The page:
Clinical Review

Fecal incontinence: New therapies, age-old problem

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New therapeutic modalities make it more likely that a noninvasive or minimally invasive treatment will improve symptoms and quality of life



Fecal incontinence is a socially embarrassing condition that affects approximately 18 million adults in the United States.1 Its true incidence is likely much higher than reported, however, as many patients are reluctant to discuss it.

A recent study found that nearly 20% of women experience fecal incontinence at least once a year, and 9.5% experience it al least once a month.2 Only 28% of these women had ever discussed their symptoms with a physician, however.3 Women who did seek care were more likely to consult a family physician or internist (75%) than a ­gynecologist (7%).3

Until recently, few options were available for patients with fecal incontinence who had not benefited from conservative measures. Many patients simply had to live with their symptoms or undergo a diverting ostomy to control the chronic involuntary drainage.

Recent years have seen the development of new minimally invasive and highly successful techniques to treat fecal incontinence. Greater awareness of the prevalence of fecal incontinence and its devastating impact on quality of life is needed for this problem to be fully addressed, however. In this article, we review the recommended evaluation of a patient who reports fecal incontinence and describe the range of treatment options.

Fecal incontinence is a symptom, not a diagnosis
Although the most common historical factor contributing to fecal incontinence is obstetric trauma, there are several other causes of this condition. A detailed history and physical examination are vital to determine whether the patient is experiencing true fecal incontinence, or whether she is leaking for other reasons—so-called pseudo-incontinence.

Conditions that can mimic fecal incontinence include:

  • prolapsing hemorrhoids
  • anal fistula
  • sexually transmitted infection
  • benign or malignant anorectal neoplasms
  • dermatologic conditions.

True fecal incontinence may be active (loss of stool despite the patient’s best effort to control it) or passive (loss of stool without the patient’s awareness). Among the causes of true fecal incontinence are:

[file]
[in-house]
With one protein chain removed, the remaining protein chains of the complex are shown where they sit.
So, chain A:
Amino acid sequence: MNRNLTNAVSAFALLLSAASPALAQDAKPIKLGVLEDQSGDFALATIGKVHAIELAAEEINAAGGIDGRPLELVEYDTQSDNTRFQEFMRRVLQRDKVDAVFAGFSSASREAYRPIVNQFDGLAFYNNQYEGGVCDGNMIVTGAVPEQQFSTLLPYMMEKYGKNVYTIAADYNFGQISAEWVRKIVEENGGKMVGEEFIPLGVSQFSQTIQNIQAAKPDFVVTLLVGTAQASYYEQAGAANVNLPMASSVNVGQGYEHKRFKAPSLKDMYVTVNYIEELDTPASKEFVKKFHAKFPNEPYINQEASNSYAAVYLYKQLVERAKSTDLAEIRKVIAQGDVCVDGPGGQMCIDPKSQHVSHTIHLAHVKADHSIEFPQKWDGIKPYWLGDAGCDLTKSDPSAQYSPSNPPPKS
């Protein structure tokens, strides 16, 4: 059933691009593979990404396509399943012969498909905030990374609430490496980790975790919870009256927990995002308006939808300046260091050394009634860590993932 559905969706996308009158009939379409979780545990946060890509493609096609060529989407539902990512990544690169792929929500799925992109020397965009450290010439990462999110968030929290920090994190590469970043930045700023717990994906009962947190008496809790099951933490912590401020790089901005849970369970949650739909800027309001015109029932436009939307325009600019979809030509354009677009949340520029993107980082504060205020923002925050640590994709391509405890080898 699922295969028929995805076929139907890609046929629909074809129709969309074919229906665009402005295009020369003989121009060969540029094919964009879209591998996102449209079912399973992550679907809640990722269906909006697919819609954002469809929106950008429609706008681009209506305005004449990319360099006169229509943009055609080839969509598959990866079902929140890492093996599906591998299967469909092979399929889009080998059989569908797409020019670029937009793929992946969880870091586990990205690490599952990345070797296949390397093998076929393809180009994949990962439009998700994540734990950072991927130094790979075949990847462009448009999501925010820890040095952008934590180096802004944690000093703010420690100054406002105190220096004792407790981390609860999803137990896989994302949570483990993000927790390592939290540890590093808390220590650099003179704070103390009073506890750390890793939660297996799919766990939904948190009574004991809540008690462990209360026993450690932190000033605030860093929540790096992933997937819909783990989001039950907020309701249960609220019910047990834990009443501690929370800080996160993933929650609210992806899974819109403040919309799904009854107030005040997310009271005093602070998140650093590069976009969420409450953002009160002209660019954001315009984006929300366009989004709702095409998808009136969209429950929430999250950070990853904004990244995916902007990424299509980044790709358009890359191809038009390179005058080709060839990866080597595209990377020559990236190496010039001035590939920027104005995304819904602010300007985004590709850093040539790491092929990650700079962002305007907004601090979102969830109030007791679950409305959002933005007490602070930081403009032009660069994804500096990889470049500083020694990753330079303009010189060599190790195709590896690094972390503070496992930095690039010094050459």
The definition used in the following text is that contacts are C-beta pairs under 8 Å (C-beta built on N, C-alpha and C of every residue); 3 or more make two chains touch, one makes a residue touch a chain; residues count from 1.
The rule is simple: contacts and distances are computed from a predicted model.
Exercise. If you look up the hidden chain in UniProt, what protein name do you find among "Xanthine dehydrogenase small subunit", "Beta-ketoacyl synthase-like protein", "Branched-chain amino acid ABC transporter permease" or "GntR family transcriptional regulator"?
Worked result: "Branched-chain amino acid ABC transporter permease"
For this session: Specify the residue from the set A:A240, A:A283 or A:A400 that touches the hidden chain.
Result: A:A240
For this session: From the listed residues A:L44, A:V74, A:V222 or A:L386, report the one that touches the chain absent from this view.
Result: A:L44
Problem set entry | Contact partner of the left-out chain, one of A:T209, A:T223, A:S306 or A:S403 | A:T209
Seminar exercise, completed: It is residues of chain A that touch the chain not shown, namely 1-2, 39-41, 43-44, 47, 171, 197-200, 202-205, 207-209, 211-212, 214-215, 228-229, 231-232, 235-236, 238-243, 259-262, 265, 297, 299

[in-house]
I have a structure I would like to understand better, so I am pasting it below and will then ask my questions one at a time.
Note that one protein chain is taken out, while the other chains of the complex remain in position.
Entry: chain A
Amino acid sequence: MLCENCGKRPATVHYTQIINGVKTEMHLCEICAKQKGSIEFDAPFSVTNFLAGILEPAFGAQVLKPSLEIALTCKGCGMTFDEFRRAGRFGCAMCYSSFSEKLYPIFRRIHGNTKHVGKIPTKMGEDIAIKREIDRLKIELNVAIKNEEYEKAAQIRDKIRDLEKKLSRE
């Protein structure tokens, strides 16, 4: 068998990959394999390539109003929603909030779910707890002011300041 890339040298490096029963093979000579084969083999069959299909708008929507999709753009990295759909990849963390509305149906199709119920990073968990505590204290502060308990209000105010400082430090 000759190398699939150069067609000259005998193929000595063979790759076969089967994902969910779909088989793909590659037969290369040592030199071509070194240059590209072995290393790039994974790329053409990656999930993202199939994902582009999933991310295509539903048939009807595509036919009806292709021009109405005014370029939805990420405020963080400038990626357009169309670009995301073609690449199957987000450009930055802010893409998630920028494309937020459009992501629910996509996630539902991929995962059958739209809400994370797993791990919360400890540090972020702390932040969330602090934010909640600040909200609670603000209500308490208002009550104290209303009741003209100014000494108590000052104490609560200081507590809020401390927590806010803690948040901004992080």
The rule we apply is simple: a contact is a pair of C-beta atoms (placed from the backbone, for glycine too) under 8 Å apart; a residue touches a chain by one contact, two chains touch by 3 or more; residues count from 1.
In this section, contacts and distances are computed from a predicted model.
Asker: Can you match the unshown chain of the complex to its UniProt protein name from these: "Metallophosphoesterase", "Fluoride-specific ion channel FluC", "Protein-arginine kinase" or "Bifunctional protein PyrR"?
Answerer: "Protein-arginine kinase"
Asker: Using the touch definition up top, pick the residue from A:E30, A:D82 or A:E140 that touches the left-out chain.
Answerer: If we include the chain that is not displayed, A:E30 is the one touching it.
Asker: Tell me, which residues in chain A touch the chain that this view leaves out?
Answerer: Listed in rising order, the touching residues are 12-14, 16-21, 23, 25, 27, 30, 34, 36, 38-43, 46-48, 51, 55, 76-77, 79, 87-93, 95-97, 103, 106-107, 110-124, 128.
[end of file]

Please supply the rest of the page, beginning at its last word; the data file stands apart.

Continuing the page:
• anal sphincter injury (obstetric tear, anorectal surgery such as fistulotomy, or trauma)
  • denervation of the pelvic floor from pudendal nerve injury during childbirth
  • chronic rectal prolapse
  • neurologic conditions (spina bifida, myelomeningocele)
  • noncompliant rectum from inflammatory bowel disease
  • radiation proctitis.

The maintenance of continence requires a complex interaction between the sphincter muscle, the puborectalis muscle (which acts as a sling), rectal capacity and compliance, stool volume and frequency, and neurologic mechanisms.

Diagnosis and management require an experienced physician
We believe that patients reporting fecal incontinence are best worked up and managed by a physician who is well versed in the various diagnoses associated with fecal incontinence, as well as the most current treatments.

Diagnosis entails some detective work
When a patient reports fecal incontinence, she should be asked to elaborate on the circumstances surrounding the complaint and the frequency of its occurrence, duration of symptoms, and nature of the incontinence (gas, liquid, or solid).
Validated quality-of-life instruments, such as the Cleveland Clinic Florida Fecal Incontinence Score (CCF-FIS) may be helpful in documenting the severity of the symptoms and improvement after treatment (TABLE).4

One factor that current scoring systems fail to capture is urgency. In many instances, urgency is the symptom most distressing to the patient. Be sure to ask about it.

A detailed obstetric history also is important. It is not uncommon for a patient to develop symptoms 20 years or longer after the injury. Also review the patient’s medical history for inflammatory bowel disease, neurologic disorders, and any history of pelvic radiation for help in determining the cause of symptoms.

In addition, ask the patient about any other pelvic floor symptoms, such as voiding dysfunction and problems with pelvic organ prolapse. And question her about stool consistency and frequency. In some cases, diarrhea can lead to fecal incontinence and is usually managed conservatively.

Physical exam: Focus on the perineum and anus
A detailed physical examination is warranted to determine the state of the ­patient’s ­sphincter musculature and rule out other causes of pseudo-incontinence, such as hemorrhoids or anal fistula. Inspect the perineum for thinning of the perineal body and scars from prior surgery.
A patulous anus may be a sign of rectal prolapse. To check for it, ask the patient to strain on the commode. If rectal prolapse is present, it will become apparent upon straining. If prolapse is detected, surgical treatment of the prolapse would be the first step in managing the incontinence.

A simple test of neurologic function is to try to elicit an anal “wink” in response to a pinprick.

A digital rectal exam allows the assessment of resting and squeeze tone, as well as the use of accessory muscles, such as the gluteus maximus, during squeezing.


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